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Earlier this week, members of the faculty union at the University of Illinois at Chicago voted solidly to authorize a strike if one should become "necessary." The union, UIC United Faculty, says 79 percent of union members voted, and the vote was 95 percent in favor of the authorization.
The union is demanding, among other things, a minimum $45,000 salary for full-time, non-tenure-track faculty.
Today the UIC administration responded with a letter to the faculty, denying union claims that the university has amassed a billion dollars in surplus funds or that it's trying to weaken faculty governance.
The letter, from provost Lon Kaufman, also warns that it's important, "per the federal mediator, for both sides to refrain from using social media to discuss issues being presented and discussed in mediation."
Here's the provost's letter:
Dear Faculty Members,
I write to update you on the status of the collective bargaining negotiations between the university and the faculty union.
After 17 months of negotiations and reaching agreements on a range of significant items, last month the union and the university requested the aid of a federal mediator to expedite bargaining over the remaining items. The union and the university agreed to meet on all of the dates available to the mediator through mid-January. To help reach agreement on the remaining items, the Chancellor and I will continue to read the union's proposals and will remain in immediate contact with the university bargaining teams during the mediation process.
It is important for the university and the union to continue to bargain in good faith and, per the federal mediator, for both sides to refrain from using social media to discuss issues being presented and discussed in mediation. The university is committed to negotiating a fair and reasonable settlement with the two faculty bargaining units, including monetary terms that are equitable and competitive.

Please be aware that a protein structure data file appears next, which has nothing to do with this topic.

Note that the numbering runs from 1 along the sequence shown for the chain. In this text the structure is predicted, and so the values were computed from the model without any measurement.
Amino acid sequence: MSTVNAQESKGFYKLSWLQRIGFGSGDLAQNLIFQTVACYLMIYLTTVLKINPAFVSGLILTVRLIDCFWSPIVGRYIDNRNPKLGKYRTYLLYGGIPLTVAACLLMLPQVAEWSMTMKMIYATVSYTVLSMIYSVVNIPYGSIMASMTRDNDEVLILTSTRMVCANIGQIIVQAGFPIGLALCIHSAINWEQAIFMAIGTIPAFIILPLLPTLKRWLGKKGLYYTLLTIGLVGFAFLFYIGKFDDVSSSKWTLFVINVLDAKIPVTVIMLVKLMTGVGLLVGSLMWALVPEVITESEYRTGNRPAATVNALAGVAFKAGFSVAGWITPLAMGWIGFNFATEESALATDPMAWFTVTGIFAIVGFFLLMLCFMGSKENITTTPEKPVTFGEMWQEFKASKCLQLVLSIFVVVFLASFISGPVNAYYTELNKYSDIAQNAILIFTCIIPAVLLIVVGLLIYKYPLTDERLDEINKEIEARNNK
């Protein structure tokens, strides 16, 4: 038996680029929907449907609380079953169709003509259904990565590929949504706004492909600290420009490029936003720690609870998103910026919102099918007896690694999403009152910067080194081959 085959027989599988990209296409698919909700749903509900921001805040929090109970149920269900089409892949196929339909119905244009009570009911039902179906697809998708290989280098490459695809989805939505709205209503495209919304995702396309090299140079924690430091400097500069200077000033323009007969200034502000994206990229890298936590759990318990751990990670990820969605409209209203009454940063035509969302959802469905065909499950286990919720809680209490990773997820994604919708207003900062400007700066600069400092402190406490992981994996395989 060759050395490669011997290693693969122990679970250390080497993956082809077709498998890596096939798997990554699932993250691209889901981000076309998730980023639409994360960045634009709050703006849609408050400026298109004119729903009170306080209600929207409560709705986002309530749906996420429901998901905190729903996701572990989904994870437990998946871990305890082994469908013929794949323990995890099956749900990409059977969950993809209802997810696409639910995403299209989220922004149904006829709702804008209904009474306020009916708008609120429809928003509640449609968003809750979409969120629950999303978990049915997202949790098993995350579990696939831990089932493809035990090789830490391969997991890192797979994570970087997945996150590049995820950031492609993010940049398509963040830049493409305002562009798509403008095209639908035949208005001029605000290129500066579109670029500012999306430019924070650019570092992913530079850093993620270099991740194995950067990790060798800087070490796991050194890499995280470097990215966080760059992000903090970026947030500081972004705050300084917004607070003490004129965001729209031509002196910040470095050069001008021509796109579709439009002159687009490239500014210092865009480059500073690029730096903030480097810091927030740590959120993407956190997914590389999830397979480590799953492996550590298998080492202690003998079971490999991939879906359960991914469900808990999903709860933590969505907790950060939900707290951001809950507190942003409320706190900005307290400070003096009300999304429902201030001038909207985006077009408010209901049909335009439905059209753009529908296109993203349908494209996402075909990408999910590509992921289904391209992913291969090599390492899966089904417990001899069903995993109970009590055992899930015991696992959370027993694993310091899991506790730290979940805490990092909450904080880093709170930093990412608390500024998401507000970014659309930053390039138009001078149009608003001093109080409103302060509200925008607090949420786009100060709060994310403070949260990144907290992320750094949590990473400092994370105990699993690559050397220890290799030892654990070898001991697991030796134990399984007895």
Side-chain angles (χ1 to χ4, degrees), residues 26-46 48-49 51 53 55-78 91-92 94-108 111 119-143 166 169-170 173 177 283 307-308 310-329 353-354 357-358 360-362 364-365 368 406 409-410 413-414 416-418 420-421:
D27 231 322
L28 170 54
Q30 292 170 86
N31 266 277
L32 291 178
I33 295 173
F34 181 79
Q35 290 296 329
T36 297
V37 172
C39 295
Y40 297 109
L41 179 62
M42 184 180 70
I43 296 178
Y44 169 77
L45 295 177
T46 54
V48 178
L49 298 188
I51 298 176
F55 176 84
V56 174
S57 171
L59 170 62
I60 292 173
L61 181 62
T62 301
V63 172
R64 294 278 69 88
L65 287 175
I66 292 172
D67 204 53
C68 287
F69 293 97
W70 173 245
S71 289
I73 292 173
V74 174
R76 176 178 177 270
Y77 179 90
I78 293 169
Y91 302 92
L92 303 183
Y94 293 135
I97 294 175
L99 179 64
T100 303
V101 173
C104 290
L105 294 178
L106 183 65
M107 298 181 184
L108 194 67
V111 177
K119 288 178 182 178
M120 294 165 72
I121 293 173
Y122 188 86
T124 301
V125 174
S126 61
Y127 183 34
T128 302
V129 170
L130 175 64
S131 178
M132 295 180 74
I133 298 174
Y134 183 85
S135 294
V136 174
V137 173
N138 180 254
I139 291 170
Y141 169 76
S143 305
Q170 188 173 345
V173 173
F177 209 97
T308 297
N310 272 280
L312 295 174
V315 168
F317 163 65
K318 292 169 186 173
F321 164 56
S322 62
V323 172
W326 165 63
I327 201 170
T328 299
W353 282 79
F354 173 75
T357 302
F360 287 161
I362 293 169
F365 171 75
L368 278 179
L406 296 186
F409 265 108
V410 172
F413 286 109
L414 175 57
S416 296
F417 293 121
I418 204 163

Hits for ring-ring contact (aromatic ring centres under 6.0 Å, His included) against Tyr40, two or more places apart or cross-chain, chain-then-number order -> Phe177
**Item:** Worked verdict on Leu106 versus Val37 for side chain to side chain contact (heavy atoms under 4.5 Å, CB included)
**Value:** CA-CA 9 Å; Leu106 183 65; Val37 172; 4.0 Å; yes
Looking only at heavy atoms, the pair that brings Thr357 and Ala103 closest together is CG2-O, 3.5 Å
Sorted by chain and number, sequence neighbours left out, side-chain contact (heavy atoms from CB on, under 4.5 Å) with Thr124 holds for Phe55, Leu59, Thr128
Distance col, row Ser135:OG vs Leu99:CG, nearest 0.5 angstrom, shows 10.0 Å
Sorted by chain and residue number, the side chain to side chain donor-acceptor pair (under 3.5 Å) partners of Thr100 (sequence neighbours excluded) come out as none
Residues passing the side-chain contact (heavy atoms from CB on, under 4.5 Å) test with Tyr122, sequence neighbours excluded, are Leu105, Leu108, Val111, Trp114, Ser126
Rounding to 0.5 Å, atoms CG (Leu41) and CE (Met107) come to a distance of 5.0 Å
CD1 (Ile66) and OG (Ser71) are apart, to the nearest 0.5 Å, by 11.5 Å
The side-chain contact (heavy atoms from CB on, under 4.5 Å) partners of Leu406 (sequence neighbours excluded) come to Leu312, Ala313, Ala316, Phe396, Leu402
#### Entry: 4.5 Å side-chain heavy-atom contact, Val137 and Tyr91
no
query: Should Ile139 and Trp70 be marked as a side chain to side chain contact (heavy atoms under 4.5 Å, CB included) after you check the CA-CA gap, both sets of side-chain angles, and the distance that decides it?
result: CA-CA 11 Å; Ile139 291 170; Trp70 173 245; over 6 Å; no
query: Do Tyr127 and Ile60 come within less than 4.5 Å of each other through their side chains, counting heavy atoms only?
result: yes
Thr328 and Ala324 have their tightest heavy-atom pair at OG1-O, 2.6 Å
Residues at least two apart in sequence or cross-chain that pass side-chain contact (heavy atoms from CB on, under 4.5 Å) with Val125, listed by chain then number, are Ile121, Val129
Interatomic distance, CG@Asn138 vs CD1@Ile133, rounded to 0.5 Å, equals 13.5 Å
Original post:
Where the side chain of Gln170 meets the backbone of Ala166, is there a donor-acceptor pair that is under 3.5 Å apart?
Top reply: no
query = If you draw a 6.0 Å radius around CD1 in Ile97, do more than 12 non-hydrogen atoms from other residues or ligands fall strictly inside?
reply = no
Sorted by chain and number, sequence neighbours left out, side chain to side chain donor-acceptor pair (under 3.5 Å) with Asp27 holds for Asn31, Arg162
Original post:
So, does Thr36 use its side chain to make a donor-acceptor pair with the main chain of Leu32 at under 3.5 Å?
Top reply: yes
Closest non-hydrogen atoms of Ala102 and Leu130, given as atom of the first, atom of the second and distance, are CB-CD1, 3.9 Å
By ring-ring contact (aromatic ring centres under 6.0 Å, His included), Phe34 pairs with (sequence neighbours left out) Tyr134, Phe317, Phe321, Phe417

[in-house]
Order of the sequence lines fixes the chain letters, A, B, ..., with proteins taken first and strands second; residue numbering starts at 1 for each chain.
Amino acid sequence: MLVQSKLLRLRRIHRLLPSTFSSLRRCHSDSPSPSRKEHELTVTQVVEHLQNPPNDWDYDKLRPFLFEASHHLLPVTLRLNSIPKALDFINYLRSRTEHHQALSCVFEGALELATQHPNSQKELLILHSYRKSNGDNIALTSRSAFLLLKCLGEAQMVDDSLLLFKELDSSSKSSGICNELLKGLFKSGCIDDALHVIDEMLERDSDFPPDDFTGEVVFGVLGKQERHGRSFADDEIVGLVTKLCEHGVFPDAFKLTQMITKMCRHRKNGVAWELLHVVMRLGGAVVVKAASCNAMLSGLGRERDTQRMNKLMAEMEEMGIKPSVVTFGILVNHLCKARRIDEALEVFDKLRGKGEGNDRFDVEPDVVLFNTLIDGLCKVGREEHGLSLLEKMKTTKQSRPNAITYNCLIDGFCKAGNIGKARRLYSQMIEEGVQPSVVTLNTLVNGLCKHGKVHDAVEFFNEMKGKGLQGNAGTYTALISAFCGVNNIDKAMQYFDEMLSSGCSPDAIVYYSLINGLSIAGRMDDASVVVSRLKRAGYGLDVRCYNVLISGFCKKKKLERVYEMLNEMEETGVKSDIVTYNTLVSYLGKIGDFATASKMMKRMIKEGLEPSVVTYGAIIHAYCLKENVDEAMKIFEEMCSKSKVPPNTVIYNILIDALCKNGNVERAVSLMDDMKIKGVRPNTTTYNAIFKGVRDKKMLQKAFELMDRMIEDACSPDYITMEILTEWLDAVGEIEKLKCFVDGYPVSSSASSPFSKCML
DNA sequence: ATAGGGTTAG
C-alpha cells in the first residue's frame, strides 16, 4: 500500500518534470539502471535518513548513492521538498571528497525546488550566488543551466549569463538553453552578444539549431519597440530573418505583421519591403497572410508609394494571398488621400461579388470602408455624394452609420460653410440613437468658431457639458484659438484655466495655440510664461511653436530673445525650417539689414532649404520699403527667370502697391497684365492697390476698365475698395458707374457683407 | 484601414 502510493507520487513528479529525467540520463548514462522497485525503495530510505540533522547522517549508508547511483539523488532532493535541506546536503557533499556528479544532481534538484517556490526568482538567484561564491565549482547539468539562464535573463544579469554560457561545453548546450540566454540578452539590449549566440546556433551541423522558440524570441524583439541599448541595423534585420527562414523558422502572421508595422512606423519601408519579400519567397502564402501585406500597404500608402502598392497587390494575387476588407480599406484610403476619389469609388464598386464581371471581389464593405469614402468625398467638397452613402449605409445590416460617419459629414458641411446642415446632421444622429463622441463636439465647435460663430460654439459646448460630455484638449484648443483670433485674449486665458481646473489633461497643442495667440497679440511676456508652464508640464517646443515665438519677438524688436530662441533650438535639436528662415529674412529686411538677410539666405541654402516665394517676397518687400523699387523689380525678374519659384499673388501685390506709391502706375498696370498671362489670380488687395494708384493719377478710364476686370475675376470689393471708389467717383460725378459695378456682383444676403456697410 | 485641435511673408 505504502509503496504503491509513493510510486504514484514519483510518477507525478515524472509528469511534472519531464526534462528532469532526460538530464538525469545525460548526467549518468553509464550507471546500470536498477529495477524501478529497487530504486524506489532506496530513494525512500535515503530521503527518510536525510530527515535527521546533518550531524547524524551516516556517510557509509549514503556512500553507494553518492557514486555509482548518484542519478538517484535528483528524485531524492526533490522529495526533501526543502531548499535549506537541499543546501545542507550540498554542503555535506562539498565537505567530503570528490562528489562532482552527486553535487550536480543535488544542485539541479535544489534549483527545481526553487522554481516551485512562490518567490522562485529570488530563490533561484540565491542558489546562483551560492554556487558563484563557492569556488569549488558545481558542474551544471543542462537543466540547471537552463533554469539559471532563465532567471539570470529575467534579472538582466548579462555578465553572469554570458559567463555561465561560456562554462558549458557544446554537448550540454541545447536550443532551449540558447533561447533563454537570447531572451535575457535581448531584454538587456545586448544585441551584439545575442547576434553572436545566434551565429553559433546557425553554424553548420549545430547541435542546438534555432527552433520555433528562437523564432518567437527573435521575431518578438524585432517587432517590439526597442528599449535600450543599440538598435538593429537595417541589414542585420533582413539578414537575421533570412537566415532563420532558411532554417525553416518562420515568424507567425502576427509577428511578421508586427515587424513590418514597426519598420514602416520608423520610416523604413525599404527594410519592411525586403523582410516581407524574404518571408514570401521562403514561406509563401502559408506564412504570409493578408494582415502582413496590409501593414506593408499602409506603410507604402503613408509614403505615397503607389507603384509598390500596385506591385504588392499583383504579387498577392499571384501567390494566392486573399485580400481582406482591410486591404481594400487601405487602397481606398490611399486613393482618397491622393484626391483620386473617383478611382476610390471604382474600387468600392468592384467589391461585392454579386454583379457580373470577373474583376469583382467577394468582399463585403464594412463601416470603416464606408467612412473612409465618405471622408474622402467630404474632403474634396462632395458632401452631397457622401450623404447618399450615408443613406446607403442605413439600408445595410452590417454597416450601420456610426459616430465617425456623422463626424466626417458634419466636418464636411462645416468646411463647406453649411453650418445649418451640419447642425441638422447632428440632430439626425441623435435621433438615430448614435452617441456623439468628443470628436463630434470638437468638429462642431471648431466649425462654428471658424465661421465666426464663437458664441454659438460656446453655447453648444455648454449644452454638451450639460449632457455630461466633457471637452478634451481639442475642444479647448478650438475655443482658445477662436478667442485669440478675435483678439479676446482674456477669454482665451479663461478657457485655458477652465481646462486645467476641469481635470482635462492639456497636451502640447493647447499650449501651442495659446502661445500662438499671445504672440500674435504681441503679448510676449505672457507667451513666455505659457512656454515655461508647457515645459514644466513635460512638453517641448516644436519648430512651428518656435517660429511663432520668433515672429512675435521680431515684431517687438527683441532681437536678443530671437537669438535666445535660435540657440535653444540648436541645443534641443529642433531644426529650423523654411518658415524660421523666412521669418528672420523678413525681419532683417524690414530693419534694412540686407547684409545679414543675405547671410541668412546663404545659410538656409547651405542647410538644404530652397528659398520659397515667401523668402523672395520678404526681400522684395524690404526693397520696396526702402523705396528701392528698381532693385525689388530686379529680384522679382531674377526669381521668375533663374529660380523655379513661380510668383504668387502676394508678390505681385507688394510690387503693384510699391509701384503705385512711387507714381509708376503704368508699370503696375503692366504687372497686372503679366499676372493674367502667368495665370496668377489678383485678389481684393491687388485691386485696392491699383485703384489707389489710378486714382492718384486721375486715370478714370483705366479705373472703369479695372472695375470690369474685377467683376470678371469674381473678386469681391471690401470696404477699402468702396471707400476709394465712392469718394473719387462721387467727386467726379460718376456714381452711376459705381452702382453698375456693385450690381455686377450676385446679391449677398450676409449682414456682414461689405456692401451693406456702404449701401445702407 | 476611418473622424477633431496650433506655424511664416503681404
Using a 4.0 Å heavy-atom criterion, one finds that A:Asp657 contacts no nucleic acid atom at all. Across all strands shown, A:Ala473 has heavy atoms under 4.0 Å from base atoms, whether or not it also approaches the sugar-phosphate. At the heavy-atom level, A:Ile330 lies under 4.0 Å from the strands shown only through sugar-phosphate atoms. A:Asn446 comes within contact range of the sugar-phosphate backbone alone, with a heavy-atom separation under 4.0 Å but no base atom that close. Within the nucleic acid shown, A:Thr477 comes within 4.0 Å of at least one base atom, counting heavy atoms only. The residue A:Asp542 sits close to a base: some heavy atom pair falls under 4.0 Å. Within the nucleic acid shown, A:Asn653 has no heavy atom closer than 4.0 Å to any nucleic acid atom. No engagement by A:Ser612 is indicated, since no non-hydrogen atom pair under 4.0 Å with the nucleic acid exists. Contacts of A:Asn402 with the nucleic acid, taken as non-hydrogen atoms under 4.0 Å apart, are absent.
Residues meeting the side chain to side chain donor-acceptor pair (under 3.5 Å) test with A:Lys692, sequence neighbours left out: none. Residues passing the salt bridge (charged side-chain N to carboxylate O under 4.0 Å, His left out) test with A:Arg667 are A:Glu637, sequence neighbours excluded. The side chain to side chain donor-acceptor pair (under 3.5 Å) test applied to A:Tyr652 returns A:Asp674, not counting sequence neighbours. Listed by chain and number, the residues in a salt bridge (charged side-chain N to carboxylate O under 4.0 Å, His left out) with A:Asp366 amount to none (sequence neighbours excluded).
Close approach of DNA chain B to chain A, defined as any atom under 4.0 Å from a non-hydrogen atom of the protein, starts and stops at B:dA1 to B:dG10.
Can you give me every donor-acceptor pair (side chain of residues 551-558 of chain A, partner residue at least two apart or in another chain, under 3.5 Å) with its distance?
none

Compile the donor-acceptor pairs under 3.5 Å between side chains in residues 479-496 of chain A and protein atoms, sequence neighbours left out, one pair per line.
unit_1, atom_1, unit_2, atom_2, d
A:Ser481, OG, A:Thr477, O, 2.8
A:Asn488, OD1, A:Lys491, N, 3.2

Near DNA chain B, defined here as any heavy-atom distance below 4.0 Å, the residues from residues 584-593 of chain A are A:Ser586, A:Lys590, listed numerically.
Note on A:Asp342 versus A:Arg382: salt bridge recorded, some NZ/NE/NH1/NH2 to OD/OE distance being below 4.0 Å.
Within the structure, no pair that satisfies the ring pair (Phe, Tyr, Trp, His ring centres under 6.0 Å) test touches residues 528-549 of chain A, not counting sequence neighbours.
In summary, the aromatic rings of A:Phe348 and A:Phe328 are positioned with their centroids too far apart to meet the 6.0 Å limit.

In the past month, the union held a demonstration outside of UH and a Teach-in in Jane Addams Hull House. There have been articles in many of the local newspapers. All such activities are within their rights.
However two misconceptions should be addressed. Public statements have been made suggesting the university holds a large surplus of funds. The majority of these dollars are committed to specific projects as a normal matter of course, just as any checking account can appear to be flush before outstanding checks hit. These committed funds include researchers' federal grant dollars not yet expended, Student Information Technology fees that can be spent only on the Library or Academic Computing costs as determined by a student-run committee, and monies that yield the interest supporting named chairs. UIC has a relatively small reserve of available cash that allows us to meet payroll as necessary, carry out some special projects, provide bridge funding, and the like.
There has also been an assertion that the university is trying to change the historic systems of faculty governance. This is false. The university has stated clearly throughout the negotiations that it is interested in preserving — not dismantling — the shared governance system.
This week the union held a vote among its membership that would authorize the union to initiate the process resulting in a work stoppage. Only faculty who belong to the union, not everyone in the bargaining unit, were allowed to vote. As expected the union members supported their union leaders' call for strike authorization. Strikes or any withholding of services are permitted by the Illinois collective bargaining laws only after mediation has been exhausted.
Should there be a strike, the university does have an obligation to our students and other constituents to continue normal operations. It should also be emphasized that no faculty member is required to strike or stop work, even if urged by the union. Every faculty member has the right to continue work.
Frankly, both sides need to focus on resolving the contracts. Please be certain that the UIC administration has heard the proposals by the union and will respond with sincere and meaningful proposals as we move through the mediation phase.
As much as anyone, the Chancellor and I look forward to reaching a mutually agreeable conclusion to our negotiations, which should bring positive changes to campus. Right now, at least in these negotiations, we are on two different sides. My hope is that through the negotiations themselves and the contract I look forward to them producing will put us where we belong, on the same "side," working together to increase the success of our students, contribute to our fields of scholarly inquiry, and increase the quality of life for those in our community.
Professor of Biological Sciences
Vice Chancellor for Academic Affairs and Provost